Welcoming the 90th General Assembly

November 24th, 2014

The Arkansas House and Senate are currently preparing for the upcoming legislative session that begins on January 12, 2015. Following the November elections, the Republican Party expanded their control in both chambers of the Arkansas Legislature. They now hold a 64-36 advantage in the House and a 24-11 advantage in the Senate.

This session is set to center around two main issues: tax cuts and the Private Option. Governor-elect Asa Hutchinson centered his campaign on a $100 million middle-class tax cut, so legislators are expected to take up his cause. Many believe the most controversial issue facing the legislature this cycle will be the renewal of the Private Option, Arkansas’ version of Medicaid expansion. This piece of legislation narrowly passed in the 2013 legislative session and is expected to face even more opposition this cycle.

Leadership in the House and Senate are also expecting legislation addressing issues such as tort reform, education, and tweaks to the lottery. The State of Arkansas is also facing a critical issue with prison overcrowding that must be addressed sooner rather than later.

The 2015 Legislative Session is shaping up to be very exciting. Arkansans voted for a change in leadership and direction. Now we get to see those changes in action. Stay tuned for more updates.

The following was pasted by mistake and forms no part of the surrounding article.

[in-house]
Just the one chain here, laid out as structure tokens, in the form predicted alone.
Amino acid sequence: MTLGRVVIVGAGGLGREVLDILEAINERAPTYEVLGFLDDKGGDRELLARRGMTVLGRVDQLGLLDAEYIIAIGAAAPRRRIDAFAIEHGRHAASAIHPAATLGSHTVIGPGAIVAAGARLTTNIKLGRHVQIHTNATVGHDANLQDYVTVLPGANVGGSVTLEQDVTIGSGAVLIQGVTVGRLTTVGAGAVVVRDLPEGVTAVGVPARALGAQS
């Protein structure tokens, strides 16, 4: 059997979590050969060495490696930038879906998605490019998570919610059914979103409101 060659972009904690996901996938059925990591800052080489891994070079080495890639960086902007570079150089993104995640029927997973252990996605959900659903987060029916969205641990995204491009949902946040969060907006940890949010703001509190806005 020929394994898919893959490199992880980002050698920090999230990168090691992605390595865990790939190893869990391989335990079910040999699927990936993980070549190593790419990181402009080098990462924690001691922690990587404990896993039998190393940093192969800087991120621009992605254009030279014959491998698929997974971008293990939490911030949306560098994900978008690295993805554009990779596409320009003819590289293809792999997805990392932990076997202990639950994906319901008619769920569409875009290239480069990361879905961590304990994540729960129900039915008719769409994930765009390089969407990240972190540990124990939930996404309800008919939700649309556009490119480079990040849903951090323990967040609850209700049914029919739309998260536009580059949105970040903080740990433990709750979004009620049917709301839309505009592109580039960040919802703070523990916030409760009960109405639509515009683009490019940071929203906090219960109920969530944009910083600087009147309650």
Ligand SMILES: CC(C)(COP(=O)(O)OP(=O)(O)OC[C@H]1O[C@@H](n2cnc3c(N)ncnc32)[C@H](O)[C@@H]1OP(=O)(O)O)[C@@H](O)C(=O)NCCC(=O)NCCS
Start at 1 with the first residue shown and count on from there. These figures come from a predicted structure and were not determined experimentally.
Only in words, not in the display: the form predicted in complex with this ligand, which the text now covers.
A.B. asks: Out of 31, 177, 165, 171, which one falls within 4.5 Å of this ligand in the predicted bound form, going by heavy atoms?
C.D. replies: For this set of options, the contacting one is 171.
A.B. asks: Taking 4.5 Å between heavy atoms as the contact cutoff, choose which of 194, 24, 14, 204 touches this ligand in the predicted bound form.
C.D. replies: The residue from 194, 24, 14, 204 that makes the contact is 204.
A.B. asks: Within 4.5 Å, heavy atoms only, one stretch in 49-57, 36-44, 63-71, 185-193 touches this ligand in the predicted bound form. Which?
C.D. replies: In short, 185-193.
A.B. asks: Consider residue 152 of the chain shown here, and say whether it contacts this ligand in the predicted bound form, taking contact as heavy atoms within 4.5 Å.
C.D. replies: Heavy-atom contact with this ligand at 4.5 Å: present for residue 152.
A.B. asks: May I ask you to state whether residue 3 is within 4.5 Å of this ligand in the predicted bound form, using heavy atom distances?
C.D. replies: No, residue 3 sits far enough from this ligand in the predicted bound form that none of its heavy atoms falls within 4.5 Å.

View the new committee memberships below.

inVeritas Involved :: Hunger Relief Alliance

July 29th, 2014

LITTLE ROCK, Ark. (July 28, 2014) – inVeritas was proud to support the Southern Legislative Conference/Mark Norris Campaign Against Hunger event this past weekend. Lawmakers from 15 different states came together in Little Rock to attend the 68th Annual Southern Legislative Conference. The conference continues to support Mark Norris’ campaign against hunger by packaging meals. More than 500 volunteers gathered at the Statehouse Convention on Sunday to continue the tradition to help package meals for the hungry.

Today, there are more than 49 million Americans, including 16 million children, classified as food insecure. While this is a national problem, the statistics are higher in the South. In Arkansas alone, more than 560,000 people are food insecure.

This year, with the help of sponsor CenturyLink, volunteers packaged over 50,000 meals, 30,000 more than previous years.

inVeritas inside: Special Session

July 2nd, 2014

LITTLE ROCK, Ark. (July 2, 2014) – For the second time in eight months, Governor Beebe called a special session to address the increase in insurance premiums for teachers and public school employees. The legislature also addressed prison overcrowding and lottery restrictions.

This special session certainly was special, as the House of Representatives had the privilege of meeting in the Old State House. In this historic downtown museum, representatives cast votes and passed legislation for the first time since 1909. In 1837, then Speaker John Wilson fought with Representative J.J. Anthony after a heated debate in the same room the 89th General Assembly convened to address prison overcrowding. The two battled with knives, and Speaker Wilson ended up killing Representative Anthony on the House floor.

This is the same building where Arkansas’ constitution was signed. It is also the oldest state capitol building west of the Mississippi River. Representatives Tommy Thompson and Charlene Fite dressed in 19th century style clothing to commemorate this special session. Some lawmakers even arrived by horse-drawn carriages.